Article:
Over the past decades, prosecutors have regularly targeted the head of Korea’s biggest and most powerful family-controlled conglomerate for corporate misbehavior.
However, neither Lee Kun-hee, the bedridden chairman of Samsung Electronics, nor his father Lee Byung-chull, Samsung’s founding chairman, were ever arrested for their wrongdoings.
The unprecedented arrest of Lee Jae-yong has brought to public attention memories of former scandals and probes that have involved Samsung and its former leaders.
Samsung started off in 1938 as a small trading company in Daegu, Korea, selling dried Korean fish, vegetables and fruit to China.
The founding chairman later established a sugar and flour refinery, Cheil Jedang, in 1953, and Samsung eventually diversified its business into the chemicals, semiconductor and electronics sectors.
Samsung’s first-ever involvement in a public scandal came in 1966, when the Samsung-owned Korea Fertilizer Co. was found to have illegally smuggled 55 tons of saccharine by disguising it as construction materials.
At the time, Samsung’s founding Chairman Lee Byung-chull came under legal scrutiny for orchestrating such activities as well as his alleged backdoor ties to the government then led by President Park Chung-hee.
Lee Byung-chull avoided a summons by the prosecution, but later had to turn over Korea Fertilizer to the state. He also stepped down from his post and passed on his role to his first son, Lee Maeng-hee.
Later, Lee Byung-chull’s third son Lee Kun-hee would step up as the successor to the group’s businesses. During his term, the second chairman also faced multiple investigations for Samsung’s involvement in political and business scandals, though he was never arrested.
In 1995, Lee Kun-hee was summoned alongside the heads of other Korean conglomerates for Samsung's contribution to a slush fund run by former President Roh Tae-woo. In 1996, Lee was indicted without detention, sentenced to two years in prison and suspended for three years. However, he was freed of all charges through a presidential pardon the following year.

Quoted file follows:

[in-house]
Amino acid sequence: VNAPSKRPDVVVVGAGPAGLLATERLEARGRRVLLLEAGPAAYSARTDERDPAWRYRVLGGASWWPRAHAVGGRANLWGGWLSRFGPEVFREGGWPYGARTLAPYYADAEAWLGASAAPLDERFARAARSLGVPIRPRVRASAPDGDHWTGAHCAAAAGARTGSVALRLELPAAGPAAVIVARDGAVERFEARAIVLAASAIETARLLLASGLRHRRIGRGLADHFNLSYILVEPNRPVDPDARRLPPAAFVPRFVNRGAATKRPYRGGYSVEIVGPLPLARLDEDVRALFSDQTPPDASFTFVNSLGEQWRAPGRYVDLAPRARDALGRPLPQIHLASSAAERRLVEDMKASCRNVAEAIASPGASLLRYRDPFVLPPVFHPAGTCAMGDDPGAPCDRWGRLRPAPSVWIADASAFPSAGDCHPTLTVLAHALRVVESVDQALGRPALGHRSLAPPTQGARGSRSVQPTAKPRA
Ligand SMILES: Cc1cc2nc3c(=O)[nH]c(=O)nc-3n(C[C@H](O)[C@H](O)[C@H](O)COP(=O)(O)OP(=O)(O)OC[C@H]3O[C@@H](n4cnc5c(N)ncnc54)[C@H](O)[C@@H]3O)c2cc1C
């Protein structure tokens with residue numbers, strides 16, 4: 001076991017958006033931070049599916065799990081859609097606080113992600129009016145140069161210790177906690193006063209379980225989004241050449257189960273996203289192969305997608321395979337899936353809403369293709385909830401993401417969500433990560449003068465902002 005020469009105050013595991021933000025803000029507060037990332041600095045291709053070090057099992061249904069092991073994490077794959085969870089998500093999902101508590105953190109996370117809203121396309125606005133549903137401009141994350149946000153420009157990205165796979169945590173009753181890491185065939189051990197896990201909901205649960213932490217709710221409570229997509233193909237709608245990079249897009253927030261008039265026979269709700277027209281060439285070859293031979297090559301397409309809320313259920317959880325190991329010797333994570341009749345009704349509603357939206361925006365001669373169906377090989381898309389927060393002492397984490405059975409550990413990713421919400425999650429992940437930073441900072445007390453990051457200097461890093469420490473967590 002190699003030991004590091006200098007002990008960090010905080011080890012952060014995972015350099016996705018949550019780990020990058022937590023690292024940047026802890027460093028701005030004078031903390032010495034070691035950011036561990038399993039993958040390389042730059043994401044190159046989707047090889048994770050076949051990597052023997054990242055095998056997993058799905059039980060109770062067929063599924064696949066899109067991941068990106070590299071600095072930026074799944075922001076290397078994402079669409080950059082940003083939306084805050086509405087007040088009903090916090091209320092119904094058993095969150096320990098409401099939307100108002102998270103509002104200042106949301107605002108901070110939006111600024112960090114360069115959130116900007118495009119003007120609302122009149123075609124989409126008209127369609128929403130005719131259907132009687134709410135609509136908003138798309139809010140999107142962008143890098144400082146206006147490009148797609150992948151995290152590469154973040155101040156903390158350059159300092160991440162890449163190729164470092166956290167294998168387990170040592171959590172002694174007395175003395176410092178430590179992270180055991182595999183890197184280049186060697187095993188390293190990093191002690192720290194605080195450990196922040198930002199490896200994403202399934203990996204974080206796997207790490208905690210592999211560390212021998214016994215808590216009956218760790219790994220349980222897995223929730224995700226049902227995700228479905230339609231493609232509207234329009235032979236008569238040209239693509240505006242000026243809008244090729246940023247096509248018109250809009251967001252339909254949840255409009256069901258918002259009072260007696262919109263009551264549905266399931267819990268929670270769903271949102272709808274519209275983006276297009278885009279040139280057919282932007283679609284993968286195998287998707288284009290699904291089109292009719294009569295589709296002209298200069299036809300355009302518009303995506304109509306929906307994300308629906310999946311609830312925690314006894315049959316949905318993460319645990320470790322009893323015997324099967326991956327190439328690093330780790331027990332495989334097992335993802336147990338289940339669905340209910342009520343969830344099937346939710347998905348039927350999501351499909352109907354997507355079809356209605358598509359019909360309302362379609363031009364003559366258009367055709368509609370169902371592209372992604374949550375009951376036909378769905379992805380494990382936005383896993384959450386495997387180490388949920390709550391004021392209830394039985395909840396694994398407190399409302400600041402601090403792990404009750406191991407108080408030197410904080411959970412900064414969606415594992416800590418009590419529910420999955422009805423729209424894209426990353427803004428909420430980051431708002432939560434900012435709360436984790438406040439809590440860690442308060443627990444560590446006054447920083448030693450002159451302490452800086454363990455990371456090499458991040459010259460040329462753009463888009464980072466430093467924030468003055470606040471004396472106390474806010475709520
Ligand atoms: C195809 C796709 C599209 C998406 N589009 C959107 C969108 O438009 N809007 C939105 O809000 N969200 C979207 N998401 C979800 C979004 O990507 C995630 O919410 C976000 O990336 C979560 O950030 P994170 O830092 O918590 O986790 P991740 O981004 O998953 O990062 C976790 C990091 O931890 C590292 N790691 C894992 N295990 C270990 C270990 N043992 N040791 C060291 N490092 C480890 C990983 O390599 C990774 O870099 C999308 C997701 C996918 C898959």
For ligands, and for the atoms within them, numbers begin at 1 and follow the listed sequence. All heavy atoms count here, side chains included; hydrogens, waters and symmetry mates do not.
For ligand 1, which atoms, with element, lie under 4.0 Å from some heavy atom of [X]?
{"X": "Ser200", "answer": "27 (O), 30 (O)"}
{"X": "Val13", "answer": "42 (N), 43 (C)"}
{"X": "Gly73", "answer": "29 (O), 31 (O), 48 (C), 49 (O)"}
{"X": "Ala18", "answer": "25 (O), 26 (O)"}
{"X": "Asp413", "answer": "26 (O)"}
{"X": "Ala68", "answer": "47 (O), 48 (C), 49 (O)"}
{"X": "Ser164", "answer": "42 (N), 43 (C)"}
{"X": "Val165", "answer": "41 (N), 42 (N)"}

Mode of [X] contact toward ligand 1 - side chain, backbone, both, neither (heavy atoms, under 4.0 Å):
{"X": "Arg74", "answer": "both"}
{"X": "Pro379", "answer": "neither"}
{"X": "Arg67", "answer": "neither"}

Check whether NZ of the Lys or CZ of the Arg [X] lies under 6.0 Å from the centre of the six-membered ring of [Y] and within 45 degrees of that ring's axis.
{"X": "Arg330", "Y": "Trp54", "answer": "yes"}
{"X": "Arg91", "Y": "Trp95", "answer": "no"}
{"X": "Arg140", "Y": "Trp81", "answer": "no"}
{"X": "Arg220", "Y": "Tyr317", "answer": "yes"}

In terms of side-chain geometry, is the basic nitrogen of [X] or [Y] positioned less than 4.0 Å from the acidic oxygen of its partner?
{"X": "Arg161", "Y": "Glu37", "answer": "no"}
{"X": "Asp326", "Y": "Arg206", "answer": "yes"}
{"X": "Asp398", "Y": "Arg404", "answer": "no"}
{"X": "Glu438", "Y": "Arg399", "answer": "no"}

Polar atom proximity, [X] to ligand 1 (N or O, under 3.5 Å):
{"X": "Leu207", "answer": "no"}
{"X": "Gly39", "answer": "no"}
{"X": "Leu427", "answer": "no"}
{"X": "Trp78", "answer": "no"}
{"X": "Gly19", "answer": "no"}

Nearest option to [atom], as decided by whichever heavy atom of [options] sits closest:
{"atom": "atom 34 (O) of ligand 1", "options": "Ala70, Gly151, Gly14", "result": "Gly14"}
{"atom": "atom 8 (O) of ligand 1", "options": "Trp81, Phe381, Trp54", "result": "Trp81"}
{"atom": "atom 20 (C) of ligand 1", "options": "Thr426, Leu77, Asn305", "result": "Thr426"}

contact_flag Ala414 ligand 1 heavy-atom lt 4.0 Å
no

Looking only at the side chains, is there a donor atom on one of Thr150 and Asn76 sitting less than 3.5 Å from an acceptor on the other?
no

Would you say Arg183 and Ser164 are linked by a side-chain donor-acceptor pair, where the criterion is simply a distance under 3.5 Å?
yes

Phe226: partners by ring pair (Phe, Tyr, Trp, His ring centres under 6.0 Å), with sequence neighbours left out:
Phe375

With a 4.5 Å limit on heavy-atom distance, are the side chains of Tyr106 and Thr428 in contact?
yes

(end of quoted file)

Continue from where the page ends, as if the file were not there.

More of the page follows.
The Samsung Electronics chairman came under the prosecution’s scrutiny again in 2005 in the so-called “X-file Scandal.” A recording file released by the media had revealed that Samsung executives had offered bribes to politicians and prosecutors, presumably in return for business favors.
At the time, Lee Kun-hee was in the US and got through the incident by answering questions from the prosecution via paper. He was found not guilty and made an 800 billion won ($698 million) contribution to society after the incident.
In 2007, Samsung again faced a probe after whistle-blower Kim Yong-chul, the former top legal affairs officer at the conglomerate, testified that he was ordered by the chairman to manage a 5 billion won slush fund used to lobby state officials.
A special prosecution team was assembled and Lee Kun-hee as well as his son Lee Jae-yong, a senior vice president of Samsung Electronics at the time, were investigated for illegal stock transfers involving an affiliate.
The junior Lee was questioned, but not indicted while the senior Lee was indicted without detention for embezzlement and tax evasion. In 2008, Lee Kun-hee announced a reform agenda to improve transparency at the group and stepped down from the group’s top management.
Lee Kun-hee was sentenced to three years in jail and suspended for five years. He was freed from all charges through a presidential pardon in 2009.
After Lee Kun-hee fell ill due to a sudden heart attack in 2014, his son Lee Jae-yong took over leadership of the group as the heir apparent to the Samsung business empire.
In 2016, Samsung, alongside a slew of other conglomerates, became mired in a political scandal involving Choi Soon-sil, a close friend of President Park Geun-hye who was impeached by the parliament.
A special prosecutor team has been investigating whether the Samsung Electronics vice chairman provided up to 43 billion won to Choi in exchange for the government’s backing of a controversial merger between two Samsung units.
The Seoul Central District Court had initially rejected an arrest warrant due to insufficient evidence. However, the special prosecutor team managed to convince the court on the need for the warrant in its second attempt, leading to the first-ever arrest of a Samsung chief in 79 years.
By Sohn Ji-young (firstname.lastname@example.org)